“I always hoped that things would go this well,” Strider said. “I don’t know how you ever expect anything that specific to come out of the future. For me, it was just keep playing well and winning games. I figured everything would kind of work out, and at some point, I’d get where I wanted to be – that was obviously in the big leagues, on a winning team. I’m extremely grateful for the position I’m in.”
By striking out Philadelphia’s Nick Maton to begin the fifth inning, Strider became the third rookie in franchise history to reach the 200-strikeout mark and the first in the modern era. Strider needed only 130 innings to collect 200 strikeouts, meaning he collected 200 strikeouts in a season faster than any other pitcher in MLB history (Randy Johnson did it in 130 ⅔ innings in 2001).
In the Braves’ 5-2 win over the Phillies on Sunday at Truist Park, Strider struck out 10 batters over six innings. He allowed one run on one hit. The right-hander ranks sixth in the majors with 202 strikeouts this season.
Strider joined Bill Stemmyer (239 strikeouts in 1886) and Kid Nichols (222 in 1890) as the only rookies in franchise history to tally at least 200 strikeouts.
Since 2000, only five Braves pitchers have struck out 200 batters in a season. Along with Strider, teammate Charlie Morton (216 strikeouts in 2021), Mike Foltynewicz (202 in 2018), Javier Vázquez (238 in 2009) and John Smoltz (211 in 2006) did it.
“I have high expectations for myself,” Strider said. “Everybody pinpoints specific checkpoints that they’re trying to achieve. At no point did I want to strike out 200 guys this season – that wasn’t a goal of mine. It was just keep us in games and win games, pitch deep. … I’ve always expected success of myself and for myself.”
After a disappointing end to their road trip, the Braves (91-55) swept the Phillies in this three-game series. The Braves remain one game behind the first-place Mets. Strider starred in Atlanta’s latest victory.
Jacob deGrom. Gerrit Cole. Sandy Alcantara. Justin Verlander. They are a handful of the game’s top starting pitchers. With Strider’s stuff, it is easy to see him eventually becoming part of that group.
“I think he’s right under deGrom, honestly,” Michael Harris said when asked to rank Strider’s stuff compared with pitchers he has faced. “He has the same kind of effect toward hitters that deGrom has. DeGrom’s really elite, so to put him up by somebody like that, it’s good for him. I just hope he continues to do it.”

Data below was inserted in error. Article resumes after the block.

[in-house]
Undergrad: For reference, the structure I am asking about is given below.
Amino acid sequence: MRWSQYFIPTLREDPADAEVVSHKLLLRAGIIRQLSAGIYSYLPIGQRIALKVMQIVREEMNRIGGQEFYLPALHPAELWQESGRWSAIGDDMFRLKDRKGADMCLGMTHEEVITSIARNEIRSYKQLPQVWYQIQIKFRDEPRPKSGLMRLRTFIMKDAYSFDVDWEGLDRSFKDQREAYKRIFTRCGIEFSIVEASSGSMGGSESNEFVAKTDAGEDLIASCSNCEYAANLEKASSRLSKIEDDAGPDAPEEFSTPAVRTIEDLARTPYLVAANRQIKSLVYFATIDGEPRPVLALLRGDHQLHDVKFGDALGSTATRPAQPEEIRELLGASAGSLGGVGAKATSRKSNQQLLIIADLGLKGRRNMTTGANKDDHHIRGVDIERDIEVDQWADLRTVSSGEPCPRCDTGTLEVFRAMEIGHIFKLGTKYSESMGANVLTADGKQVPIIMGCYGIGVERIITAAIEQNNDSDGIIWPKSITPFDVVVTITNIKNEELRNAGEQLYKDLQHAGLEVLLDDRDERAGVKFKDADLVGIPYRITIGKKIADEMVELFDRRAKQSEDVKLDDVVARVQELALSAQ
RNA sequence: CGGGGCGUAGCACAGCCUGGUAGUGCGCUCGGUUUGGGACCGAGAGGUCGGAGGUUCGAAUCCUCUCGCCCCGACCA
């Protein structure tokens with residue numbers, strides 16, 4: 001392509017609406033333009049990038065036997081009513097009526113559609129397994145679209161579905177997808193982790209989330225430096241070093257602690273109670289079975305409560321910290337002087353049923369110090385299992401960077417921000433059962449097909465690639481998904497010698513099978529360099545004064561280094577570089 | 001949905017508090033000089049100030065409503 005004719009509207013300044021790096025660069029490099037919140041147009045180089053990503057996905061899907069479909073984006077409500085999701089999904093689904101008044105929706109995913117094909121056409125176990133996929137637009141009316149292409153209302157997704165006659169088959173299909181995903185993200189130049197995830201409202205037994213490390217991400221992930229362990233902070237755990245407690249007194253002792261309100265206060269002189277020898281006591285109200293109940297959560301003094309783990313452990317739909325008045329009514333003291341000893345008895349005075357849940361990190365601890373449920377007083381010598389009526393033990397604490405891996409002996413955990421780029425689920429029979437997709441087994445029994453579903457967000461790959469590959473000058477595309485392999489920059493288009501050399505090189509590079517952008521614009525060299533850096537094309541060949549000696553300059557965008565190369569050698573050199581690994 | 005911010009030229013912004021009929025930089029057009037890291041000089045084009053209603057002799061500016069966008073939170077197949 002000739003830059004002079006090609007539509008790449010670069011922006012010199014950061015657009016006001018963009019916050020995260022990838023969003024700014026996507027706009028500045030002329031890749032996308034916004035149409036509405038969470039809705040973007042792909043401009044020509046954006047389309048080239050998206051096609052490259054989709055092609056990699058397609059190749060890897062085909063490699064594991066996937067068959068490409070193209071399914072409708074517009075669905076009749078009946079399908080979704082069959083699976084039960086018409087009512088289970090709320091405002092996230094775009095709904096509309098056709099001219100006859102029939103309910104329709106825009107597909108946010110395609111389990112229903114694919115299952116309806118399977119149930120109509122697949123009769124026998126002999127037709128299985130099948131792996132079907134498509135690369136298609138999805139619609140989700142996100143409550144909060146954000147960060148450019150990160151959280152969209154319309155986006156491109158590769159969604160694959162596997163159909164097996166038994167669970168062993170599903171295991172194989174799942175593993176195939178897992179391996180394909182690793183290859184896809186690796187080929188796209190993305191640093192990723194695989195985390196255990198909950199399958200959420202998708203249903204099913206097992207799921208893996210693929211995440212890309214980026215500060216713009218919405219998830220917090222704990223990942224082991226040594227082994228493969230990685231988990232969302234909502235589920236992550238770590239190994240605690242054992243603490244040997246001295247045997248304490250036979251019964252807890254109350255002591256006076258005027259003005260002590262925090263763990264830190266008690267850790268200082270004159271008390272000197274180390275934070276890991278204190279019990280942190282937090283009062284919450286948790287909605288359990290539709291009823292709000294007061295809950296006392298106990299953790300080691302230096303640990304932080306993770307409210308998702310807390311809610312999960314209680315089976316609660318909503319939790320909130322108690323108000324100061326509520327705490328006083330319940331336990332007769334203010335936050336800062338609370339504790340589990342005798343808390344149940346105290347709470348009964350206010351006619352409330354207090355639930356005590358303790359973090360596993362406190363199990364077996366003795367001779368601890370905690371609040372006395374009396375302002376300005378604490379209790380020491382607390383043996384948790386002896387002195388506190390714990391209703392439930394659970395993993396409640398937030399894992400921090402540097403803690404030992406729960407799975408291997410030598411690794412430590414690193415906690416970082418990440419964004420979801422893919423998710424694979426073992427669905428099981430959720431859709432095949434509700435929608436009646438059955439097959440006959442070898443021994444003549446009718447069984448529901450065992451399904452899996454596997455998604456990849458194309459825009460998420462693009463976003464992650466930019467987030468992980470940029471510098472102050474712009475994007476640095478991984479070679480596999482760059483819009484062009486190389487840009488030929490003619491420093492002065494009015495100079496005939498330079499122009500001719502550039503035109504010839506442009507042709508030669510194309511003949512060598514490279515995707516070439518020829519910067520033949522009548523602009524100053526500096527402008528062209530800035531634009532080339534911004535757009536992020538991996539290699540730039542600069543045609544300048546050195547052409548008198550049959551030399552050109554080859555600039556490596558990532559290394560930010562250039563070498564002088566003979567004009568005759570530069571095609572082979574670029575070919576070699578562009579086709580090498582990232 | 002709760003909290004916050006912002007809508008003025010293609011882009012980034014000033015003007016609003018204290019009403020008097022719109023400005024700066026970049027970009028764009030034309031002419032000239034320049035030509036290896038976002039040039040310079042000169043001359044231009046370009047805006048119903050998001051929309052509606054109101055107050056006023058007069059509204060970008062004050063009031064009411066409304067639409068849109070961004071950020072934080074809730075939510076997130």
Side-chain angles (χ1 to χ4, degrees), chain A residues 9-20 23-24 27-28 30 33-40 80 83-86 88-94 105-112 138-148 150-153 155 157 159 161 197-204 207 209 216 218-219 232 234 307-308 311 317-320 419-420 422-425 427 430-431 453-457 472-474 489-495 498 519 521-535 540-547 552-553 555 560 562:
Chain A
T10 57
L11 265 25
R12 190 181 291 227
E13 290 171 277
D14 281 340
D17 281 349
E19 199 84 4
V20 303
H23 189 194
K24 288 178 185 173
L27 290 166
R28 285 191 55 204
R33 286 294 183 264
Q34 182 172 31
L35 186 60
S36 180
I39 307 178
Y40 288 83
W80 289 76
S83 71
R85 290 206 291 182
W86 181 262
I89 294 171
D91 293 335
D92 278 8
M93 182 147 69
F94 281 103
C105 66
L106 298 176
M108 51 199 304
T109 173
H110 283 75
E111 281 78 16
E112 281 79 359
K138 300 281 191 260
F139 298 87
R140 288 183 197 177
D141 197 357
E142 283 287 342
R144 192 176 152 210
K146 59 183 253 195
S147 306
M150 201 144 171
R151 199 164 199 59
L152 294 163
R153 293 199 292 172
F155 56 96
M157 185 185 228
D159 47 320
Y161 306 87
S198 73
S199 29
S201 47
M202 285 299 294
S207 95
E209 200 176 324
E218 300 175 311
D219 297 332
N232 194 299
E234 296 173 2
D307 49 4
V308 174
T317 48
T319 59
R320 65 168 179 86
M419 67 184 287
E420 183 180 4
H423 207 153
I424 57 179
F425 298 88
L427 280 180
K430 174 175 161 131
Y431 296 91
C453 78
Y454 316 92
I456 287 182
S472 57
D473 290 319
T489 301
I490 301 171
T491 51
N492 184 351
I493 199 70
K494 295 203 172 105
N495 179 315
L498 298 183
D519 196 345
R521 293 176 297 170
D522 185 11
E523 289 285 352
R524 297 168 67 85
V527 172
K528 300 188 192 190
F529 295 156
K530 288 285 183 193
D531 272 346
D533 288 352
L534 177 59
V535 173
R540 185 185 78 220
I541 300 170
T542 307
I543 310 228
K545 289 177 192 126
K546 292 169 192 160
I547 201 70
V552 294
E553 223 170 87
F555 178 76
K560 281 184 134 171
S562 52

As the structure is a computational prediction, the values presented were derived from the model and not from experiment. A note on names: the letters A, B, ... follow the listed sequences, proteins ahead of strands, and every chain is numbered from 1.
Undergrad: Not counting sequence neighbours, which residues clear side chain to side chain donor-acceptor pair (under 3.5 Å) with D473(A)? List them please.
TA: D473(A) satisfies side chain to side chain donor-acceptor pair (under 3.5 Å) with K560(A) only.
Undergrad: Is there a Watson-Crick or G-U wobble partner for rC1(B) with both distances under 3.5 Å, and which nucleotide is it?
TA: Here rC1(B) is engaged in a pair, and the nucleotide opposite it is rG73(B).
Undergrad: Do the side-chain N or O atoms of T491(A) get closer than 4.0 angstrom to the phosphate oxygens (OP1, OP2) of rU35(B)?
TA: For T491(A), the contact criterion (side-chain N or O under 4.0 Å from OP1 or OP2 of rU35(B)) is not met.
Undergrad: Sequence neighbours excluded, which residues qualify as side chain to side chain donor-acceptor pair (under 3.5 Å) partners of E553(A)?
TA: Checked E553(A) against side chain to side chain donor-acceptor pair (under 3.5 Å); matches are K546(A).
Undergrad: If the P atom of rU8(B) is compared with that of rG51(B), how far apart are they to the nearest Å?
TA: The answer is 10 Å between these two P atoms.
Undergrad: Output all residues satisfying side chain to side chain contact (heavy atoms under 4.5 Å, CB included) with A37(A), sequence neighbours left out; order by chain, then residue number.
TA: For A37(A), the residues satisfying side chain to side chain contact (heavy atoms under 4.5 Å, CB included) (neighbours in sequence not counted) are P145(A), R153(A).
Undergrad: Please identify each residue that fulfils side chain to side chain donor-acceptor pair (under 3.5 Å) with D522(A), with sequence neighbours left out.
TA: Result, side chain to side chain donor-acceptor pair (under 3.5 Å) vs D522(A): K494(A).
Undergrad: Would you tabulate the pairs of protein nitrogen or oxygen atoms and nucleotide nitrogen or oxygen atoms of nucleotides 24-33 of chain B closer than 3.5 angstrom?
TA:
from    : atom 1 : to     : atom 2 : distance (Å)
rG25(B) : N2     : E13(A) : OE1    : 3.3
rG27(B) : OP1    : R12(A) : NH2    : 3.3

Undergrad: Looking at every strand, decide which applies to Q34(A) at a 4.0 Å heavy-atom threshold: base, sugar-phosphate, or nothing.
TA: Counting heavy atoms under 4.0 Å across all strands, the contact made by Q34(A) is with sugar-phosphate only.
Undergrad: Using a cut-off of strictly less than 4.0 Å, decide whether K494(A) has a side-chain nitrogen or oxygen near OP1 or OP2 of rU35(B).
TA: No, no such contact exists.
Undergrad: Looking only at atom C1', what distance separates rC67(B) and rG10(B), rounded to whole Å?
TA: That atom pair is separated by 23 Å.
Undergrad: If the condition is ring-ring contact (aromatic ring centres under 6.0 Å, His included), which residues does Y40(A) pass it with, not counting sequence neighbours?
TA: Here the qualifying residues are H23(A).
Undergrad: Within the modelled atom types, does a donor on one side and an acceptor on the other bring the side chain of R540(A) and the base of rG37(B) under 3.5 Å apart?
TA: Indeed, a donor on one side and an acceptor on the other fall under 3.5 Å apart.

On Sunday, Robbie Grossman asked the Phillies’ Rhys Hoskins about Strider’s fastball. “It’s a really good 98 (mph), 100,” Hoskins told Grossman. It seems this has been the consensus around the sport as the 23-year-old has continued mowing down opposing lineups.
“You talk to guys around the league – that fastball is different,” manager Brian Snitker said. “It’s different, and that’s what they all say. You see it, and it’s different coming out. It’s got that ride.”
“Some of the swings he gets, you definitely can see guys are not comfortable up there, even when they know it’s coming,” Grossman said.
As Strider dazzled on Sunday, Atlanta’s bats tried to break through. The Braves’ only run against Philadelphia’s Bailey Falter scored on Grossman’s double. But the offense kept grinding.
After Alec Bohm tied the game with a sixth-inning solo home run off Strider – the only hit Strider allowed – William Contreras launched a solo shot of his own in the bottom half. In the seventh, Grossman homered and Austin Riley added a run-scoring single as Atlanta provided insurance runs against the Phillies’ bullpen. In the eighth inning, Marcell Ozuna doubled home another run.
After Strider’s outing ended, Tyler Matzek (seventh inning) and A.J. Minter (eighth) pitched scoreless innings. Jesse Chavez gave up a two-out home run in the ninth but finished the game.
It all started with the rookie sensation who continues making everything look easy. Strider has a 2.67 ERA this season.
“It’s a good achievement,” Strider said of passing the 200-strikeout mark. “More interested in winning the games, so I would gladly sacrifice some of those strikeouts for maybe another inning, fewer pitches, not hanging a slider 0-0 there to Bohm in the sixth.”
In 2021, the Braves received a limited look at Strider, who climbed up the organizational ladder in one season. This spring, Strider broke camp with the Braves – as a reliever. During his time in the bullpen, Strider displayed his strikeout stuff. All along, the Braves viewed Strider as a starter.
In late May, they finally put him in the starting rotation.
He has not looked back since.
“It’s an awesome story,” Snitker said. “You just don’t see that a lot.”
At the beginning of September, Strider set an Atlanta record with 16 strikeouts in a game. He has tallied six double-digit strikeout games in 20 starts. He is a strikeout machine.
But Strider is more focused on the team than himself.
The good news on that: As a rookie, his team is in a pennant race. He will get to experience October.
“That’s all I’ve ever wanted,” Strider said. “To get here in my first season, I’m extremely lucky to be in this position, and I’m very grateful that they’ve had so much faith in me and moved me up here as fast as they did and giving me this opportunity.”